September 17, 2012
By Khonesavanh Latsaphao
The Swiss Agency for Development and Cooperation (SDC) handed over US$6.3 million in support of the Lao government’s Agro-Biodiversity Initiative (TABI) in Vientiane on Friday. The SDC has increased its efforts to enhance the livelihood and security of upland farming communities by nurturing the productive use of natural products and the conservation of agro-biodiversity resources.
It’s the second phase of the initiative, and the money will go towards work in the two northern upland provinces of Luang Prabang and Xieng Khuang.
Switzerland has been a long-term partner of the Ministry of Agriculture and Forestry, SDC Regional Director for the Mekong Region, Ms Ruth Huber, said.
SDC has been working in partnership with the ministry since the early 1990s, supporting a number of important initiatives aimed at improving rural livelihoods and food security, while at the same time conserving natural resources in Laos.
SDC’s activities have always focused on the northern uplands – one of the nation’s poorest regions – and which is now facing unprecedented rapid economic, social, and ecological change.
Ms Huber expressed her support for responsible choices that ensure environmental and ecological foundations are not compromised. “While change itself is inevitable, it is everyone’s responsibility to ensure that the change is one for development that benefits people and leads to an improvement of the locals’ livelihoods.”
Laos is ecologically rich with an abundance of natural resources, but due to population growth, land use changes, government sanctioned land allocation and village consolidation policies, this biodiversity has eroded over the past 10 years. Impoverished upland farming communities have not been beneficiaries of the influx of commercial resource extraction and large scale commercial agriculture projects. Instead, they face limited access to non-timber forest products, soil degradation, and increasingly scarce water and land.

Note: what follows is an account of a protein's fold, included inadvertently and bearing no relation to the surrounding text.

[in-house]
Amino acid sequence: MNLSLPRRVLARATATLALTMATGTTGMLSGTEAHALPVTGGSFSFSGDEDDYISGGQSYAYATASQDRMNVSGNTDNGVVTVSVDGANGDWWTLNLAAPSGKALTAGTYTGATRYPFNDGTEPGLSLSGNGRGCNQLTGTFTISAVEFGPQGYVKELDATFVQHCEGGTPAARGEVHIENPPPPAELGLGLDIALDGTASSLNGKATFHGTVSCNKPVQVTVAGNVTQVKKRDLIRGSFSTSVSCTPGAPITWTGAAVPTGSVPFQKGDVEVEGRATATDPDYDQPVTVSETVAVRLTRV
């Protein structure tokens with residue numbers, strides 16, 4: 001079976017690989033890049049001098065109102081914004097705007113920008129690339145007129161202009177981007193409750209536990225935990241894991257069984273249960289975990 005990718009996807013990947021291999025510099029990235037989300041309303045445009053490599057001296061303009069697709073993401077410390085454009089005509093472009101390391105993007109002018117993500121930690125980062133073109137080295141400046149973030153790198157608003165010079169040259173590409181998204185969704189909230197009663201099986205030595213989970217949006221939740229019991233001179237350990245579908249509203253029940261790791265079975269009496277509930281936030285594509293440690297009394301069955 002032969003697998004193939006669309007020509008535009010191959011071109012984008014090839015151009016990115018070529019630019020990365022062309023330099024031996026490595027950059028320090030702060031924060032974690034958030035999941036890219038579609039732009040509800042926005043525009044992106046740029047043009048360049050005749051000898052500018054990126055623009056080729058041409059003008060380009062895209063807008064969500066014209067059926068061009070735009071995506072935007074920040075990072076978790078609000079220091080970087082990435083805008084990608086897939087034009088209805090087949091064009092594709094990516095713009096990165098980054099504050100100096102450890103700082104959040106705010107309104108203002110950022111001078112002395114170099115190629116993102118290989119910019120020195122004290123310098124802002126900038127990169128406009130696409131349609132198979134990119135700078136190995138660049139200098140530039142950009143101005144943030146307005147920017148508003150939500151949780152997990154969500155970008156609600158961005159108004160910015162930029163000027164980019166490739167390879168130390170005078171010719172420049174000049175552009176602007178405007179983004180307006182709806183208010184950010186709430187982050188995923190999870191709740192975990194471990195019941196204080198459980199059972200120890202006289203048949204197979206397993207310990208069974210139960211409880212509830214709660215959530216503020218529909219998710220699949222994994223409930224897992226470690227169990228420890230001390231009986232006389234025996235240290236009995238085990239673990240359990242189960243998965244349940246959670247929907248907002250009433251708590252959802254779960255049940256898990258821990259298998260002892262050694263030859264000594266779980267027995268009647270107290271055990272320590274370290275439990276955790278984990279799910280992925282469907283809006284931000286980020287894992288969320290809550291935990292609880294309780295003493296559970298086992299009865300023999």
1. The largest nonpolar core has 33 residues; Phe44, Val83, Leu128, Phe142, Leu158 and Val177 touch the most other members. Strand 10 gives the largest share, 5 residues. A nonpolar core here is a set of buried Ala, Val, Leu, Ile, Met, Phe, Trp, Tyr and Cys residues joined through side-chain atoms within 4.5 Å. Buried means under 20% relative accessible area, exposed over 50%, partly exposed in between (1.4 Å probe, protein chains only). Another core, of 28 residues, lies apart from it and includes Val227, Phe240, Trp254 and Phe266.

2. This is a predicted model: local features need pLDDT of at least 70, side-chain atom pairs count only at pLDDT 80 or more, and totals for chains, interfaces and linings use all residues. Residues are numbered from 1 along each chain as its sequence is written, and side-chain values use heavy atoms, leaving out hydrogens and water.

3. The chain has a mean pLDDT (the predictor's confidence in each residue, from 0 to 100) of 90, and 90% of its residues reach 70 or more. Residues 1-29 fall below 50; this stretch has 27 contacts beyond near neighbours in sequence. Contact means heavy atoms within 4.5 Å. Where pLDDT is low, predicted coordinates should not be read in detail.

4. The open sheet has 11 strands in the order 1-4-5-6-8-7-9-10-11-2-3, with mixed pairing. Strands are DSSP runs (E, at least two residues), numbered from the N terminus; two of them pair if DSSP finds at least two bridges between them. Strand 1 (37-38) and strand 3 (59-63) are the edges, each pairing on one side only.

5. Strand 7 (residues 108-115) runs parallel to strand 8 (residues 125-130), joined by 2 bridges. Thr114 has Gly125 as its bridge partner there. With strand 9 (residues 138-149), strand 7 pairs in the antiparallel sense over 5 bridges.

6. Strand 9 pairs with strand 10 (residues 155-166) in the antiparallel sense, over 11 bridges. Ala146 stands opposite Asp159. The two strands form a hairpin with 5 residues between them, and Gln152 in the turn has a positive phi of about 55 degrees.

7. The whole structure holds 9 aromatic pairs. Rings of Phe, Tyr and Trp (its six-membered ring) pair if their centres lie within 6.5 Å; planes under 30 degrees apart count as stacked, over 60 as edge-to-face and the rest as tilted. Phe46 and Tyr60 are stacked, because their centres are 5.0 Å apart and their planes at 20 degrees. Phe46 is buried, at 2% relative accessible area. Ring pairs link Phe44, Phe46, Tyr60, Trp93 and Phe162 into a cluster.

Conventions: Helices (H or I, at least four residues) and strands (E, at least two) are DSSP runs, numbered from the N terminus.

These threats to agriculture and food security have adverse effects on the population’s livelihoods, in an area where more than 80 percent of the country’s inhabitants live in rural areas and depend mainly on wild plants, forest products and domesticated cro ps.
Laos is a signatory to the International Convention on Biological Diversity. The government has developed a National Biodiversity Strategy and Action Plan to meet its obligations under the convention.
The TABI project contributes to the Lao government’s efforts to apply the Convention and promote agro-biodiversity overall.
TABI is building on the past successes of phase one. In Luang Prabang and Xieng Khuang provinces, project activities have benefited more than 8,000 families that have participated in agro-biodiversity based income and livelihood opportunities developed in 160 villages.
The project installed bio-gas facilities in 20 villages. Land use planning has engaged more than 3,180 households in 34 villages to join in Forest and Land Use Planning activities, covering 220,000 hectares of land.
This has created the groundwork for improved land and forest use and management, for solving land use conflicts, as well as for safeguarding communities against inappropriate land concessions.
Agriculture and Forestry Deputy Minister, Dr Phouangparisak Pravongviengkham, said TABI is very important for Laos because it’s assisting the improvement of community livelihoods in upland areas – and making significant inroads for reducing poverty in the country.
The Swiss Agency for Development and Cooperation is Switzerland’s public agency for social and economic development in developing nations. SDC manages and implements Swiss funding in response to the needs of the rural poor and contributes to the country’s efforts to graduate from the UN’s least developed country list by 2020.
Photo Credit: Vientiane Times